Last week, we began working on a project to bring fresh produce to tables in Oberlin throughout the winter. If you’ve never seen a cold frame before, it’s basically a low wooden box with a clear lid that works like a greenhouse for hardier crops (root veggies, greens). Cold frames can extend the growing season into the late fall for plants that fear the frost, through the winter for greens that do well in cold weather, and provide warm, indoor conditions for seedlings in the early spring.
For a college, where the majority of the population leaves town during the peak growing season, winter gardens are a viable option for giving students a satisfying seed-to-table growing experience while localizing our food production during a time of year when much of our produce comes from the farthest-flung farms.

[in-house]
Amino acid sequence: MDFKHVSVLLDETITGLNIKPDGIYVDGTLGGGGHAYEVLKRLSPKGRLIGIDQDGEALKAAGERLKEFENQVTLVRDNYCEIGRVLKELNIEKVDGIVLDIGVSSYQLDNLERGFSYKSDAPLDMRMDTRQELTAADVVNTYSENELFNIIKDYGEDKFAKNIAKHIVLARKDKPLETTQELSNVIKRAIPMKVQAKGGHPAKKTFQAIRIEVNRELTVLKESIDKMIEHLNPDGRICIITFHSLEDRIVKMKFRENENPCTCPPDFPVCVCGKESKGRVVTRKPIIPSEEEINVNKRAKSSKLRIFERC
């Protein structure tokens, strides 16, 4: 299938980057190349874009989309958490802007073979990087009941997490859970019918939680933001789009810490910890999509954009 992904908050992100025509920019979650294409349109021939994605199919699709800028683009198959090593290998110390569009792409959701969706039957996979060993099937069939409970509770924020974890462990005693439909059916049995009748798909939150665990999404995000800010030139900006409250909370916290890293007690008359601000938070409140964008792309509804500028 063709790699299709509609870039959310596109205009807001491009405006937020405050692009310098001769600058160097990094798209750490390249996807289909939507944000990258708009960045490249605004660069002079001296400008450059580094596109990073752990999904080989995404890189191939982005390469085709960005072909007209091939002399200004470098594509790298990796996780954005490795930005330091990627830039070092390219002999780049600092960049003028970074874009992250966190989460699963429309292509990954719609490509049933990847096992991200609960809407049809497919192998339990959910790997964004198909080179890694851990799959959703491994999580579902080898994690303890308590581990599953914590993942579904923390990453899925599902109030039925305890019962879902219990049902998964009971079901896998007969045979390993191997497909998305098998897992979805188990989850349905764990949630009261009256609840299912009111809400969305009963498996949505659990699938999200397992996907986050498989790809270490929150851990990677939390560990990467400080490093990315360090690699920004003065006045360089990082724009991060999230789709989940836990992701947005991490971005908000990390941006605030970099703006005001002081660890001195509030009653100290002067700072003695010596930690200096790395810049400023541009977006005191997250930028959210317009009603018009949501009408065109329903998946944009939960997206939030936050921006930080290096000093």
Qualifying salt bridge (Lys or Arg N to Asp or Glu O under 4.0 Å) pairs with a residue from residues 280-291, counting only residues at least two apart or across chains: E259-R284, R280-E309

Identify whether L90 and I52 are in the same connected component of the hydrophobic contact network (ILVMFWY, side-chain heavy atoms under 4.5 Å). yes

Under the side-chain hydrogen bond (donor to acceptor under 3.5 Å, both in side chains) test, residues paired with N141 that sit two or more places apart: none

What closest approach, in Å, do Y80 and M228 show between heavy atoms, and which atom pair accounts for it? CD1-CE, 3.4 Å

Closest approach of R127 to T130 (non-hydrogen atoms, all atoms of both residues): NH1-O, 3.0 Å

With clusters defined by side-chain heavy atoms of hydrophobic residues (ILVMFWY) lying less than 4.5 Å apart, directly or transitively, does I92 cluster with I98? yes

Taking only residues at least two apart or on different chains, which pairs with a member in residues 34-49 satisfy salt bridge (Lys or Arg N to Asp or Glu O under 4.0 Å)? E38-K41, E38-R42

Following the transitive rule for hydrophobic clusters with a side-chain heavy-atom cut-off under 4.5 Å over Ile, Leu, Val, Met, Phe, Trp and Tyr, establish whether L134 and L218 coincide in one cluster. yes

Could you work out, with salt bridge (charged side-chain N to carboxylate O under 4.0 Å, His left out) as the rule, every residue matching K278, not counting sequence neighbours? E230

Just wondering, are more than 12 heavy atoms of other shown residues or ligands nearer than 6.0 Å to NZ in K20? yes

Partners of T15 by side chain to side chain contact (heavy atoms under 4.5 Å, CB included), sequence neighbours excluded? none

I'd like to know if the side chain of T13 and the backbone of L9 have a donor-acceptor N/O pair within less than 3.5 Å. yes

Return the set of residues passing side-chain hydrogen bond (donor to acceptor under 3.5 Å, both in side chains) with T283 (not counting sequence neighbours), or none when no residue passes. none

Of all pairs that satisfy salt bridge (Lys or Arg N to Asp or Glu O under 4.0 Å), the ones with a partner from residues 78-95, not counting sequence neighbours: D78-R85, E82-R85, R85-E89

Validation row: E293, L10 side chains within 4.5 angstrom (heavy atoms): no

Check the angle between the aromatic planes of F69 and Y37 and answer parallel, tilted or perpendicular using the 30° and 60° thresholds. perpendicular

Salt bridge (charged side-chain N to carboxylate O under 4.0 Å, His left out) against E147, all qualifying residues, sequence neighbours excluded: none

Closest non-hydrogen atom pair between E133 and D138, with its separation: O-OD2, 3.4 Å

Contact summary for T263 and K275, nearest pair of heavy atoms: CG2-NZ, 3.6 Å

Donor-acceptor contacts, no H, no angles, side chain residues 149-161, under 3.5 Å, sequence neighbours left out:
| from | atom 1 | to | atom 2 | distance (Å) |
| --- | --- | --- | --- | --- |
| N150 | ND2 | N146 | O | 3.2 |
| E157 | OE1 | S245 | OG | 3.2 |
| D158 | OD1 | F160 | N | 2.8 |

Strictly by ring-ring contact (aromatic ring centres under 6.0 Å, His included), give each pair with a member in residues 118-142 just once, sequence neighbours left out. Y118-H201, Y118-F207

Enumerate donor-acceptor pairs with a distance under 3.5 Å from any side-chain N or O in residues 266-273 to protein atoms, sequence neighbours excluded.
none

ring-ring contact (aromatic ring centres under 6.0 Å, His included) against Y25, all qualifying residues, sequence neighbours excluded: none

Eliot Coleman is a farmer and author famous for his innovative farming practices at his farm in Harborside, Maine. In spite of the harsh climate, Coleman and his wife Barbara Damrosch maintain gardens all year round in unheated and minimally heated greenhouses, hoop houses and cold frames. Following the blueprints in his book Four-Season Harvest, RCT and OGROW wrote a Green Edge Fund grant proposal to buy materials for five 4’x8′ cold frames and their polycarbonate lids, or “lights.”
The wooden frames themselves need to be aligned east-west, with lights angled south to capture the most winter sun. The beds in the garden are currently aligned north-south, which is neither optimal in terms of maximum sun exposure, nor in terms of drainage, as the western end of the garden has the lowest gradient. Aligning the beds east-west would allow more rainwater to drain down the compressed walkways between beds rather than pooling up beside row after mounded row.
For now, we positioned the frames aligned east-west, directly crossing paths with the current beds, now mainly hosting some collards and old tomato plants.
We have so far transplanted a few frames worth of spinach and kale from the outdoor beds into the frames.